Mother of All APUs

Schmave

[H]ard|Gawd
Joined
Jan 2, 2001
Messages
1,720
I saw cageymaru posted this in the Ryzen leaked benchmarks thread, but thought it warranted its own thread:
https://hardforum.com/threads/leaked-amd-ryzen-benchmarks.1920876/page-21#post-1042831422

This is the article in which I saw this:
https://www.overclock3d.net/news/cp...a_exascale_mega_apu_in_a_new_academic_paper/1

Here's the actual paper:
http://www.computermachines.org/joe/publications/pdfs/hpca2017_exascale_apu.pdf

This looks like a future APU aimed at HPC (or possibly gaming applications) that is very modular in nature using an interposer to glue different pieces together. I'm guessing this would use some future iteration of the Zen architecture for the CPU "chiplets" (kind of a funny term) and some version of Navi or later for the GPU chiplets. This seems like it would enable them to pack a lot of power in a single package.

There were a few things that stood out to me just looking at this. The advantage of this approach is that they don't have to deal with terrible yields of a huge chip. However, there are a lot of separate dies stacked together so manufacturing and testing the entire assembly would not be trivial/inexpensive. The memory stacked on the GPU "chiplets" will probably provide quite a large amount of memory bandwidth at the expense of being, well, more expensive. It seems like a good way to get a lot of power into a small package, but isn't the simplest design.
 

CSI_PC

2[H]4U
Joined
Apr 3, 2016
Messages
2,193
It is definitely a concept for HPC as exascale is the next major milestone all the major tech companies are aiming for.
Far from easy to do and so far just concepts from all of them, especially within a certain Megawatts power demand criteria.
Energy efficiency with performance is going to be critical.

Cheers
 

Schmave

[H]ard|Gawd
Joined
Jan 2, 2001
Messages
1,720
I finished reading the whole paper, and there are a few interesting things I noticed:
  • There would be "active" and "passive" interposers on the device. The active interposers would actually have logic on them (such as memory controllers or other SOC related things) while the "chiplets" would be kept simpler than a current generation CPU or GPU as far as not having an IMC or some of the traditional "uncore" functions of a CPU.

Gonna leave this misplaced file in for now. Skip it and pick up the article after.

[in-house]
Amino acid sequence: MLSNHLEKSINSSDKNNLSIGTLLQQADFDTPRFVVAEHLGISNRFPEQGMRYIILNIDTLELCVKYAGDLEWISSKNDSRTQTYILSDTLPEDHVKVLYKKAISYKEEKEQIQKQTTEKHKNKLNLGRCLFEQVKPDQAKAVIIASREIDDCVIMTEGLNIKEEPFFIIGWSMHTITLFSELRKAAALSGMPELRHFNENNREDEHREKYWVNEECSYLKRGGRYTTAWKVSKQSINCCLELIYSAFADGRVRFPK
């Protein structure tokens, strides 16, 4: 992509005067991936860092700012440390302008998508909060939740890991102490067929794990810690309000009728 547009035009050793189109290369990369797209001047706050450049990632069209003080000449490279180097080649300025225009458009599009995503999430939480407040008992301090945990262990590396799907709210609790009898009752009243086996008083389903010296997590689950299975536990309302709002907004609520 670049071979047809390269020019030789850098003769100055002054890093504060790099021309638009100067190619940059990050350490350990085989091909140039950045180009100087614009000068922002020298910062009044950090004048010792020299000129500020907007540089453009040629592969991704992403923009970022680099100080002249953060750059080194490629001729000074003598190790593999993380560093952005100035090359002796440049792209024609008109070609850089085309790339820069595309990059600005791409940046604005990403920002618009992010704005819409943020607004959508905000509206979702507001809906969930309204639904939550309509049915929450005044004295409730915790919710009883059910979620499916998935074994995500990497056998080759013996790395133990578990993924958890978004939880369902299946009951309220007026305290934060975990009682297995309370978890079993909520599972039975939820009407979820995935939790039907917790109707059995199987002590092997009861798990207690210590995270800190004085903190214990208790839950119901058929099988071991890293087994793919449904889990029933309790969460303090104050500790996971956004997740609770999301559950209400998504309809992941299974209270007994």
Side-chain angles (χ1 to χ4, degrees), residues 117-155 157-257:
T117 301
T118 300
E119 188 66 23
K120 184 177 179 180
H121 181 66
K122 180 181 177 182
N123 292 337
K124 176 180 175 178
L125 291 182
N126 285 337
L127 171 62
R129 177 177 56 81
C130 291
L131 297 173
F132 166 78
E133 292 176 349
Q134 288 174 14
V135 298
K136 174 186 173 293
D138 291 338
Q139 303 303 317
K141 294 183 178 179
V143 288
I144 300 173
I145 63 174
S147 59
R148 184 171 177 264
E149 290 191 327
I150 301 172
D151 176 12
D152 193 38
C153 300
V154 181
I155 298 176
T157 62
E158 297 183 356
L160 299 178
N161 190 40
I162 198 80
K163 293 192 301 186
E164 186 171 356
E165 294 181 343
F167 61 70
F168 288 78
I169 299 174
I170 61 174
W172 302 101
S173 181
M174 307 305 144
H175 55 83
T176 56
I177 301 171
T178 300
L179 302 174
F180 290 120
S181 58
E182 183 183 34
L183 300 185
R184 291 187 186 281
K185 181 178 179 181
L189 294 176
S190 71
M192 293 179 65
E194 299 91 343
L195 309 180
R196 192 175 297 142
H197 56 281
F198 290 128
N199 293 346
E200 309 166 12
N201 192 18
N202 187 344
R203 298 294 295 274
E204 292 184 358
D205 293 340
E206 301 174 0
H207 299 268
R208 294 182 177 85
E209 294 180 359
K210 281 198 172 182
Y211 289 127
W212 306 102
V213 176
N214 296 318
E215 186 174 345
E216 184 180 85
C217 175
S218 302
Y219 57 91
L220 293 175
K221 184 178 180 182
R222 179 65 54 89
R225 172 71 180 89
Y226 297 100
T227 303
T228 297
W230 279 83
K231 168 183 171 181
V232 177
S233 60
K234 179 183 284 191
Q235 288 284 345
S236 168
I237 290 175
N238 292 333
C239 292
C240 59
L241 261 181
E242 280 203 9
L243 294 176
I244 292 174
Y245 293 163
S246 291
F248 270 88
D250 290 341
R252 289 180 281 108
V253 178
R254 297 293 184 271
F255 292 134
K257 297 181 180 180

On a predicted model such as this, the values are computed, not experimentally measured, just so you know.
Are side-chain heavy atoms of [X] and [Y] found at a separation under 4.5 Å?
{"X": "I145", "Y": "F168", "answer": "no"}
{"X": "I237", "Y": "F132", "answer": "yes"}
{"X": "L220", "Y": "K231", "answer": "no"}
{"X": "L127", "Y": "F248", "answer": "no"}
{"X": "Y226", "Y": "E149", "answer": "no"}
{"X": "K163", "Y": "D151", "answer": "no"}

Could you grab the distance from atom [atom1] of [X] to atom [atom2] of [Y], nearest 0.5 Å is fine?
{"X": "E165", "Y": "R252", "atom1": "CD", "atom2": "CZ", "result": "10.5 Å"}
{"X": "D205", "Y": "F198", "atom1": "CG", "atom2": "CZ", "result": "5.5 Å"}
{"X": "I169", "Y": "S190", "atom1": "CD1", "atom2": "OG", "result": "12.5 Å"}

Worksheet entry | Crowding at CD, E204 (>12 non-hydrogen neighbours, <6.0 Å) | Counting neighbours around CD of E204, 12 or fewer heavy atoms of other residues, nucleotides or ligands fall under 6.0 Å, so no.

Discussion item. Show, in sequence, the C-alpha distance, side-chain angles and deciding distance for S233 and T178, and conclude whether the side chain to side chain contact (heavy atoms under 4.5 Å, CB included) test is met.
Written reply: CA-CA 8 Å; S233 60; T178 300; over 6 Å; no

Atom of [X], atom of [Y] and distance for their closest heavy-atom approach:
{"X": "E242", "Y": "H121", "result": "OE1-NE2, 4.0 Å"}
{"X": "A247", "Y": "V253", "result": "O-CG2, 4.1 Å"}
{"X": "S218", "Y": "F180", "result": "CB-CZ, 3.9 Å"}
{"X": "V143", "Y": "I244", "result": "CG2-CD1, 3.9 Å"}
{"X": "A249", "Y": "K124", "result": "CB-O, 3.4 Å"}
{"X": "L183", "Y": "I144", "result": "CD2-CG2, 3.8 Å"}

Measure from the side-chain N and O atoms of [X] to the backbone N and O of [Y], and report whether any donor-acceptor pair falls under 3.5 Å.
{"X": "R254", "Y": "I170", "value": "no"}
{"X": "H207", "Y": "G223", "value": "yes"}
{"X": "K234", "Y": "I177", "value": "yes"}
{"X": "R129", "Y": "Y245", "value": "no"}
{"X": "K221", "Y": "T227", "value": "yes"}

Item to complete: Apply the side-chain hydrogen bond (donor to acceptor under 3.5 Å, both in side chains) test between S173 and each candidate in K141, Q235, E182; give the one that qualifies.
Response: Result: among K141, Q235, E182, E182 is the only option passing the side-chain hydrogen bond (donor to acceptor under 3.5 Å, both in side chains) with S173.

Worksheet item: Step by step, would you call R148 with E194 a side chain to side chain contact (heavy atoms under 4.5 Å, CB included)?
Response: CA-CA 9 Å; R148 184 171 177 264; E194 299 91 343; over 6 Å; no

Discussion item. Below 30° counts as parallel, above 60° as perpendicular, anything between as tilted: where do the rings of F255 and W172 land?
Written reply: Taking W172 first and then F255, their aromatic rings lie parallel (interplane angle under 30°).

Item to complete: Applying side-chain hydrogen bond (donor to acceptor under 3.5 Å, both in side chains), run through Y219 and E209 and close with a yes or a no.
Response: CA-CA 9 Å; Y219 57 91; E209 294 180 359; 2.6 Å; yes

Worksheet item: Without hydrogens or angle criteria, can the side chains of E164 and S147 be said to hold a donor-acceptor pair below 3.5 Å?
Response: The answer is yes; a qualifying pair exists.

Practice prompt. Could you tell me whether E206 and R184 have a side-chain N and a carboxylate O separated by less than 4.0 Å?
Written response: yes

• It may be desirable to tailor compute resources and memory arrangements to a particular application. There are a lot of trade-offs between performance, power consumption, memory size, etc. and certain workloads stress the system differently.
  • "Threshold" voltage computing, i.e., running the voltage supply low enough to potentially cause errors would be a way to save power. The logic would have to be fault tolerant to do so.
  • The "chiplet" approach allows one to use a manufacturing process that is optimal for that chiplet's function. GPU chiplets could be built on a different process than CPU chiplets, for example. Also the interposers can be manufactured on a more mature (cheaper) process.
So far it definitely sounds like just a research paper as they are investigating the feasibility of this for the 2022-2023 time frame. I don't think they have any products in the works, but I also wouldn't be surprised if there were some prototype designs in the works to test out different aspects of what they want to do.
 

Marstg

Limp Gawd
Joined
Jul 31, 2016
Messages
201
Didn't AMD say (or it was leaked somewhere) that the next desktop APU generation, the Raven Ridge will have HBM? That already will mark quite the jump in available graphics power. And from what I understand it will also pack 1024 CU, just like a 7850 enough to play at 1080p with maxed eye candy.
 

Pieter3dnow

Supreme [H]ardness
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Jul 29, 2009
Messages
6,784
Didn't AMD say (or it was leaked somewhere) that the next desktop APU generation, the Raven Ridge will have HBM? That already will mark quite the jump in available graphics power. And from what I understand it will also pack 1024 CU, just like a 7850 enough to play at 1080p with maxed eye candy.

HBM at this point in time makes those chips really expensive from a consumer point of view, but for server related matters it might be a niche segment that would use those.
 
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